On Thursday, Aug.16, Russian Foreign Minister Sergei Lavrov clarified Russia's position regarding the territorial dispute with Japan. The 1956 declaration "clearly stated that Russia and Japan were no longer at war with each other. Based on the interests of the Japanese people and the benevolent attitude towards Japan, the Soviet Union was ready to transfer the islands of Habomai and Shikotan to Japan as a gesture of goodwill after the peace treaty is concluded," said Lavrov. Russia is ready to fulfil this agreement under certain conditions, and "cannot but take into account Tokyo's stance when voting on debatable issues at the UN and on the implementation of sanctions against Moscow," Lavrov added.
Alexander Kulanov, a historian and specialist in Russian-Japanese relations, said in an interview with Pravda.Ru that Lavrov's remarks reaffirm Russia's will to follow the declaration. "At the same time, we would like to understand what Japan is ready for here too. According to Lavrov, Japan should recognize the results of World War II. Japan is a UN member, and the UN Charter says that WWII results are unshakable. Secondly, it is necessary to understand how independent Japan can act in foreign policy issues, including foreign security issues, given the existing agreement on the military alliance with the United States from 1960. There are tens of thousands of American troops on the Japanese islands. If the islands are handed over to Japan, Russia needs to understand what status the US military will have there, and who will determine their status - Tokyo or Washington. Clearly, this is Washington's prerogative, but it is equally clear that Moscow is not happy with it.
"Lavrov does not talk about an obligation to execute a gesture of goodwill. There are many conditions that may evoke Russia's desire to hand over the islands in question to Japan. Those are complicated conditions that Japan mostly finds unacceptable.
"The Japanese interpret the agreement bluntly. They say that the Soviet Union should have given the islands away, but they are wrong. As Putin said many times, both parties to the dispute should come to understand that the matter is not about mutual obligations - it is about a question of the correct understanding of their positions.
"The Soviet Union signed the surrender as a winner, and Japan did it as a defeated party. Righteously or not, but we got those Kuril Islands, and it goes about the results of World War II here. Russian people have been living on those islands since 1945. In accordance with the UN Charter, Japan cannot dictate its requirements to the winning side. The winning party can show a gesture of goodwill. This is normal human logic, but it is regrettable that Tokyo is constantly disputing those results.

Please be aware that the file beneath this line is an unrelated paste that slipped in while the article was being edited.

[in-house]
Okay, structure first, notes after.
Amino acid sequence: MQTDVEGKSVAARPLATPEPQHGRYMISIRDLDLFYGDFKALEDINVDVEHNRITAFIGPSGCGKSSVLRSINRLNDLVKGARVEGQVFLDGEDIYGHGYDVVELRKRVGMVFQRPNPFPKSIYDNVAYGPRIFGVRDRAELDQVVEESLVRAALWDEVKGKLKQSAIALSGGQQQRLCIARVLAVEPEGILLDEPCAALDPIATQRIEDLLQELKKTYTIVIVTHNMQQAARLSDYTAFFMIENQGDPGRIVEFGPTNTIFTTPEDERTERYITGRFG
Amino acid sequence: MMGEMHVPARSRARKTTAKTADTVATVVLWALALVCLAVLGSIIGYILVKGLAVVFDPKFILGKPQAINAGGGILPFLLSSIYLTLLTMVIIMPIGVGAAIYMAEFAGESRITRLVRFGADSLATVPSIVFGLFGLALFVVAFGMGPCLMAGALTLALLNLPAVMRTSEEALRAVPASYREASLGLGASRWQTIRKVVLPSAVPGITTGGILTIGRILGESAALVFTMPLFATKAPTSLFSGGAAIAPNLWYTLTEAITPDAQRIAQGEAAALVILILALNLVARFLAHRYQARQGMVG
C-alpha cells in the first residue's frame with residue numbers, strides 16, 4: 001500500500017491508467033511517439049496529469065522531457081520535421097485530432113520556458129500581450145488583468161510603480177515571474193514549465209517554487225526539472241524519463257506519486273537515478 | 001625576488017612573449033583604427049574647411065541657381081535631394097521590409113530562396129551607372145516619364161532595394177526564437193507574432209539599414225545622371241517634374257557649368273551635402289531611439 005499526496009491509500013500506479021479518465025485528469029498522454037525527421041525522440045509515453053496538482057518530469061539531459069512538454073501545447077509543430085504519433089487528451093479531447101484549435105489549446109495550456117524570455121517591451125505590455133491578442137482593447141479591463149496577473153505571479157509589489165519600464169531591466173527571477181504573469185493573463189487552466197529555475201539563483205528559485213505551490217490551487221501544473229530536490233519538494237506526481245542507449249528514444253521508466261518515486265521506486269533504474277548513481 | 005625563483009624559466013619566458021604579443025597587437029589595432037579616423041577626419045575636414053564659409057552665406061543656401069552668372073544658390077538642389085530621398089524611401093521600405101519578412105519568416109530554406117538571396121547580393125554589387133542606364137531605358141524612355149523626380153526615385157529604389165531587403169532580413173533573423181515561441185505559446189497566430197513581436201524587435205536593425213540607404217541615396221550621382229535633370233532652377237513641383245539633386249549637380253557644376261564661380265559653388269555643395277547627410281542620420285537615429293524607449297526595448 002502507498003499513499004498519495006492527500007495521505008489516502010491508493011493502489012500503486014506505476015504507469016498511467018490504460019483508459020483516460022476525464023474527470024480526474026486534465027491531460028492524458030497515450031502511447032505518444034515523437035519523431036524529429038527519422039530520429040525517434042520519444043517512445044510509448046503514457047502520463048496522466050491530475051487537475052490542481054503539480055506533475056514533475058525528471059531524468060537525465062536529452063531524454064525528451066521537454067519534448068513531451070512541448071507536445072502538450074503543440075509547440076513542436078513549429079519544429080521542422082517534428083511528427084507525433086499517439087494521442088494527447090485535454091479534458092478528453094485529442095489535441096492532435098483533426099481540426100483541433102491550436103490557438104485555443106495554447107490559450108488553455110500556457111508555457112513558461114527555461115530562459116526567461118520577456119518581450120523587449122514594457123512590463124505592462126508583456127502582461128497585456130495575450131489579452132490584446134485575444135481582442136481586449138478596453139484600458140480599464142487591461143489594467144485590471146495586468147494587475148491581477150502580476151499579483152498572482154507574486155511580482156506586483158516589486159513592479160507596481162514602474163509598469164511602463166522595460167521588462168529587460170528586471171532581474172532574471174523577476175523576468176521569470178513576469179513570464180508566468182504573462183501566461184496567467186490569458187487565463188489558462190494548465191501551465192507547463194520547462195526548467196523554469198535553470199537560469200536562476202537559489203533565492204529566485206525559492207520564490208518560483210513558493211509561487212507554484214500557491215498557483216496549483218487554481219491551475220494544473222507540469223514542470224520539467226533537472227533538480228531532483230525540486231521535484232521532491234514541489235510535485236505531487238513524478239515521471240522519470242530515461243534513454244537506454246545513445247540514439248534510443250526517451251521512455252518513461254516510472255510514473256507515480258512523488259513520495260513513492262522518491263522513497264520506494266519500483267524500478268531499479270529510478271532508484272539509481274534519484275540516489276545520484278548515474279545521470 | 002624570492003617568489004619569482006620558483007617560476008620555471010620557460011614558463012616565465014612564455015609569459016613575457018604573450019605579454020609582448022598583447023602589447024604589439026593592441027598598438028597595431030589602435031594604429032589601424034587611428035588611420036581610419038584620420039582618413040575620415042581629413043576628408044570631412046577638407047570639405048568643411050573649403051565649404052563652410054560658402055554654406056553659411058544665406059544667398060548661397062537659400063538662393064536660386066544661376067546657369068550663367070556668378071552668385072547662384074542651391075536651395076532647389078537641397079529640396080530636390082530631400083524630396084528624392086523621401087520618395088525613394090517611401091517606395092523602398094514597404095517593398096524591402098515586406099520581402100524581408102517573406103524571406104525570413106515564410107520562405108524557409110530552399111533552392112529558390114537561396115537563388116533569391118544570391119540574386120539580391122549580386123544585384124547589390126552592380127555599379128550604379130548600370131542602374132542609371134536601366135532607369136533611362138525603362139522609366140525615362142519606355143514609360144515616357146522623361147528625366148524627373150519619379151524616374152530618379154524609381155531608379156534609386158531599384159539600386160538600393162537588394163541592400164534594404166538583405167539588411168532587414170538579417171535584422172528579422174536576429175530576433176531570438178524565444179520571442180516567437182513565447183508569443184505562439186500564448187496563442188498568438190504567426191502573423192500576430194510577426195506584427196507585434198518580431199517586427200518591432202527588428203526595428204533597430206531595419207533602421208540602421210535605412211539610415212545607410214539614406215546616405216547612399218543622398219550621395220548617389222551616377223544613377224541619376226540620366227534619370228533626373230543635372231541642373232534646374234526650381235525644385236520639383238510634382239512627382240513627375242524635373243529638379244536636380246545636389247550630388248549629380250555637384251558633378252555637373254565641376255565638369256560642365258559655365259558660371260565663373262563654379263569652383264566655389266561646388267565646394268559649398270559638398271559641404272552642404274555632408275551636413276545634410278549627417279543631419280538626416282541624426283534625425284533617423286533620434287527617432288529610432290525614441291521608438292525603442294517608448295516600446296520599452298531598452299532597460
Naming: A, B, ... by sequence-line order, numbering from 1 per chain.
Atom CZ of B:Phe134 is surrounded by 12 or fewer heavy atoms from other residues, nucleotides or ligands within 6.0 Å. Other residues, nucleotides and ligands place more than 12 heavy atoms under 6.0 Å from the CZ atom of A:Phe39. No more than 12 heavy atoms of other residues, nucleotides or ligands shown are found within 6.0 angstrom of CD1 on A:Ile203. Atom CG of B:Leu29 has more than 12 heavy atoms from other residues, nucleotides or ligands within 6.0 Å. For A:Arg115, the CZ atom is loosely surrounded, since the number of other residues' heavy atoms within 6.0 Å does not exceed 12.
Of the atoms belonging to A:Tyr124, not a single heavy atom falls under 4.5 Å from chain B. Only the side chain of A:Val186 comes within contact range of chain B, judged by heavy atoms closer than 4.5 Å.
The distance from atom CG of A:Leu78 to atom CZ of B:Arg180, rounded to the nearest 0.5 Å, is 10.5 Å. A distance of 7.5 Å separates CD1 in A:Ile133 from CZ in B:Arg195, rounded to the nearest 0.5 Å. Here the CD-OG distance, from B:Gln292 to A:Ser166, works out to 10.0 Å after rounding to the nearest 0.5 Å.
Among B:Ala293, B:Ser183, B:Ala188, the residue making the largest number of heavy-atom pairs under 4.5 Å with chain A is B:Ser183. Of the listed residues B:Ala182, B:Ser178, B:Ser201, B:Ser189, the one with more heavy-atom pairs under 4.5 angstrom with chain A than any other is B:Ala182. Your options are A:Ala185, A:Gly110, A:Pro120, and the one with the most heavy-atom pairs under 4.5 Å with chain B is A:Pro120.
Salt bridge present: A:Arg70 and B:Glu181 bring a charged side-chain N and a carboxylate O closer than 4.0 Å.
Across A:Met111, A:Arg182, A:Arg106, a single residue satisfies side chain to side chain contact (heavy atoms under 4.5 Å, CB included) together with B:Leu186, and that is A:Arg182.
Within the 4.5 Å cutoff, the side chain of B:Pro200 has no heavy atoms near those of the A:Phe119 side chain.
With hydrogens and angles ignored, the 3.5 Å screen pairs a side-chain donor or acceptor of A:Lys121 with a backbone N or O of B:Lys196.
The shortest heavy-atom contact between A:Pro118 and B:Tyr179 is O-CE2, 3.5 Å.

"Russia starts losing the dispute as soon as she takes Japan's side by confirming the very existence of the problem. The Soviet Union had a different approach to the issue - there was no territorial dispute at all. The Japanese could not conduct any talks on the subject, because there was no subject like that for the USSR. If Russia confirms the existence of the issue, Russian officials encourage their Japanese counterparts to continue the discussion. It turns out that Japan's position is very simple. Japan wants to receive South Kuril Islands before signing the peace treaty. Russia also needs to understand to which extent Japan supports sanctions against Russia. Japan does not support Russia in many ways, the Japanese support many sanctions that the West imposed on Russia. Still, Tokyo wants a lot from Moscow.
"Lavrov did not promise anything. He explained Russia's position on the problem yet again. Firstly, the Japanese must recognize the results of World War II - it means that the islands belong to Russia. Secondly, the Japanese must understand the level of their dependence on Washington, and how they are going to negotiate against such a background. Japan cannot guarantee that US army bases will not appear on the Kuril Islands, even if we assume that Russia gives two of those islands to Japan. Tokyo does not have an answer to this question."